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Photograph of Truong Le

Truong Le Sr Professorial Lecturer Department of Physics

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CAS - Physics
Don Myers Building
Truong Le received his Ph.D. in theoretical astrophysics from George Mason University in 2005. Here, he explored the possibility that the relativistic protons powering the jets that are created by supermassive black holes (SMBHs) in the center of active galaxies, such M87 and SgrA* (at the center of the Milky Way), are accelerated at a standing, centrifugally-supported shock in the underlying accretion disk via the first-order Fermi mechanism. From 2005-2008, he was a National Research Council post-doctoral fellow at the Naval Research Laboratory (NRL) in Washington, DC working on the linear analysis of unstable radiative shocks in Advection Dominated Accretion Disks, particle acceleration in high-energy radiation and cosmic-ray production in astrophysical environments, and Gamma-Ray-Bursts Cosmology. From 2008-2011, he joined the Space Telescope Science Institute (STScI) in Baltimore, MD supporting NASA next-generation space telescope, the James Webb Space Telescope (JWST) to ready for launch in 2021 to study: the First Light in the Universe after the Big Bang, Assembly of Galaxies, Physics of Star Formation, and the Formation of Planetary Systems and the Conditions for Life. He spent the next eight years teaching physics and astronomy to students at the Governor's School for Science and Technology in Hampton - VA, College of Charleston in Charleston - SC, and Berry College in Rome – GA, and now at American University, where his research focuses on: (1) understanding the correlations between the mass accretion rate, jets launching radius, and the observed jets power in low-power radio-loud supermassive black holes sources (AGNs), (2) investigating the nature of the discrepancy between the Swift (a multi-wavelength observatory dedicated to the study of GRB science) and the pre-Swift redshift and jet opening angle distributions to answer the question whether or not GRB formation density rate follows the star-formation rate, and (3) developing solar trackers to gather solar energy. While he was at Berry College, he served as a member of the Natural Science and Mathematics Research Committee, a member of the Center for Teaching Excellent Advisory Committee, and a member of the Institutional Effectiveness Committee. Now, at American University, he served as a Deputy Director of the Integrated Space Science and Technology Institute (ISSTI), which supports cutting-edge research by over 20 AU research faculty together with external partners including NASA's Goddard Space Flight Center.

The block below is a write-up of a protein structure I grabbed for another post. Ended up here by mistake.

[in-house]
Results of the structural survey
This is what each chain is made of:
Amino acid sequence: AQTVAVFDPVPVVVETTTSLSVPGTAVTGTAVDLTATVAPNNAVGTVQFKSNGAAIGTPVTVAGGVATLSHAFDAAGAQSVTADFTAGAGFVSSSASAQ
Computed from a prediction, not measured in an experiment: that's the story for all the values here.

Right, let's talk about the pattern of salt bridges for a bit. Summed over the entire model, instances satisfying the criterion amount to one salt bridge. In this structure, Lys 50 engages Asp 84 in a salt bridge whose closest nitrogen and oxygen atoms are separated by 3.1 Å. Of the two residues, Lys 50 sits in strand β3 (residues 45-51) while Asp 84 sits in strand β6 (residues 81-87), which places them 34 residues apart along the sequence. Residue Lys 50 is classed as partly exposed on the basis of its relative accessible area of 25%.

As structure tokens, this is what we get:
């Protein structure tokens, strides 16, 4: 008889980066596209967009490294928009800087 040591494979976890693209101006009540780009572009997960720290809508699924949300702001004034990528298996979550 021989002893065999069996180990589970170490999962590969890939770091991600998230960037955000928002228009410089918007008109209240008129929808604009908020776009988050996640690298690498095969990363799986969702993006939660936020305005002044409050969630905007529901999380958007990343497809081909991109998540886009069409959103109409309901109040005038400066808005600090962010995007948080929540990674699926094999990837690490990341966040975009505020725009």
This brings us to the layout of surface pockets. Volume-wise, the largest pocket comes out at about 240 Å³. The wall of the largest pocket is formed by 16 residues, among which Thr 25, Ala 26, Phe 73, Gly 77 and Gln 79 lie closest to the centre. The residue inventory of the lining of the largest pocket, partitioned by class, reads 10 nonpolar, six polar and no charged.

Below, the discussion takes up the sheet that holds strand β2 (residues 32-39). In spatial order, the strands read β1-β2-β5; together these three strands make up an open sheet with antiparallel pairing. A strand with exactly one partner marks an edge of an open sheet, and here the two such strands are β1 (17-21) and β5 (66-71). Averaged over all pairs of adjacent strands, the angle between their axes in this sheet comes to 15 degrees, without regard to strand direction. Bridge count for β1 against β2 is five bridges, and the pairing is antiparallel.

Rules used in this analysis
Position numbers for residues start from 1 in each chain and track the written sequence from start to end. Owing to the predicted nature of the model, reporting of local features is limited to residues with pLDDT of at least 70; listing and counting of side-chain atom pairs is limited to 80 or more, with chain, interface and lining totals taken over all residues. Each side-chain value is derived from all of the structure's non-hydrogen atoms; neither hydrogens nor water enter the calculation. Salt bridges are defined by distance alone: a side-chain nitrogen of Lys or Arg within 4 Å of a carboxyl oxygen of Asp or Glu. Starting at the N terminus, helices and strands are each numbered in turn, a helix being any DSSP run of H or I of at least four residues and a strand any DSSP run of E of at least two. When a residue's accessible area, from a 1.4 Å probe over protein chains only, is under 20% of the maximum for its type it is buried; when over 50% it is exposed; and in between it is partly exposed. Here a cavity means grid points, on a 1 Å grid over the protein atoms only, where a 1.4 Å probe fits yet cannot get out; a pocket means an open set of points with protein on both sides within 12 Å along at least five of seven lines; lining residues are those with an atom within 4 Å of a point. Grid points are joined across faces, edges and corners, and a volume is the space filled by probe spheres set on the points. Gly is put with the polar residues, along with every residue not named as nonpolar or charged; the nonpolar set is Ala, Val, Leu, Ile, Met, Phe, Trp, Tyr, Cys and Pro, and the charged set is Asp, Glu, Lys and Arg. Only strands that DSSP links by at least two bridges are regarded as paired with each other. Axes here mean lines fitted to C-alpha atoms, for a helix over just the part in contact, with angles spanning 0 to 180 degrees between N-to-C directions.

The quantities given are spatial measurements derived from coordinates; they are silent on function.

See Also
Department of Physics
Integrated Space Science and Technology Institute
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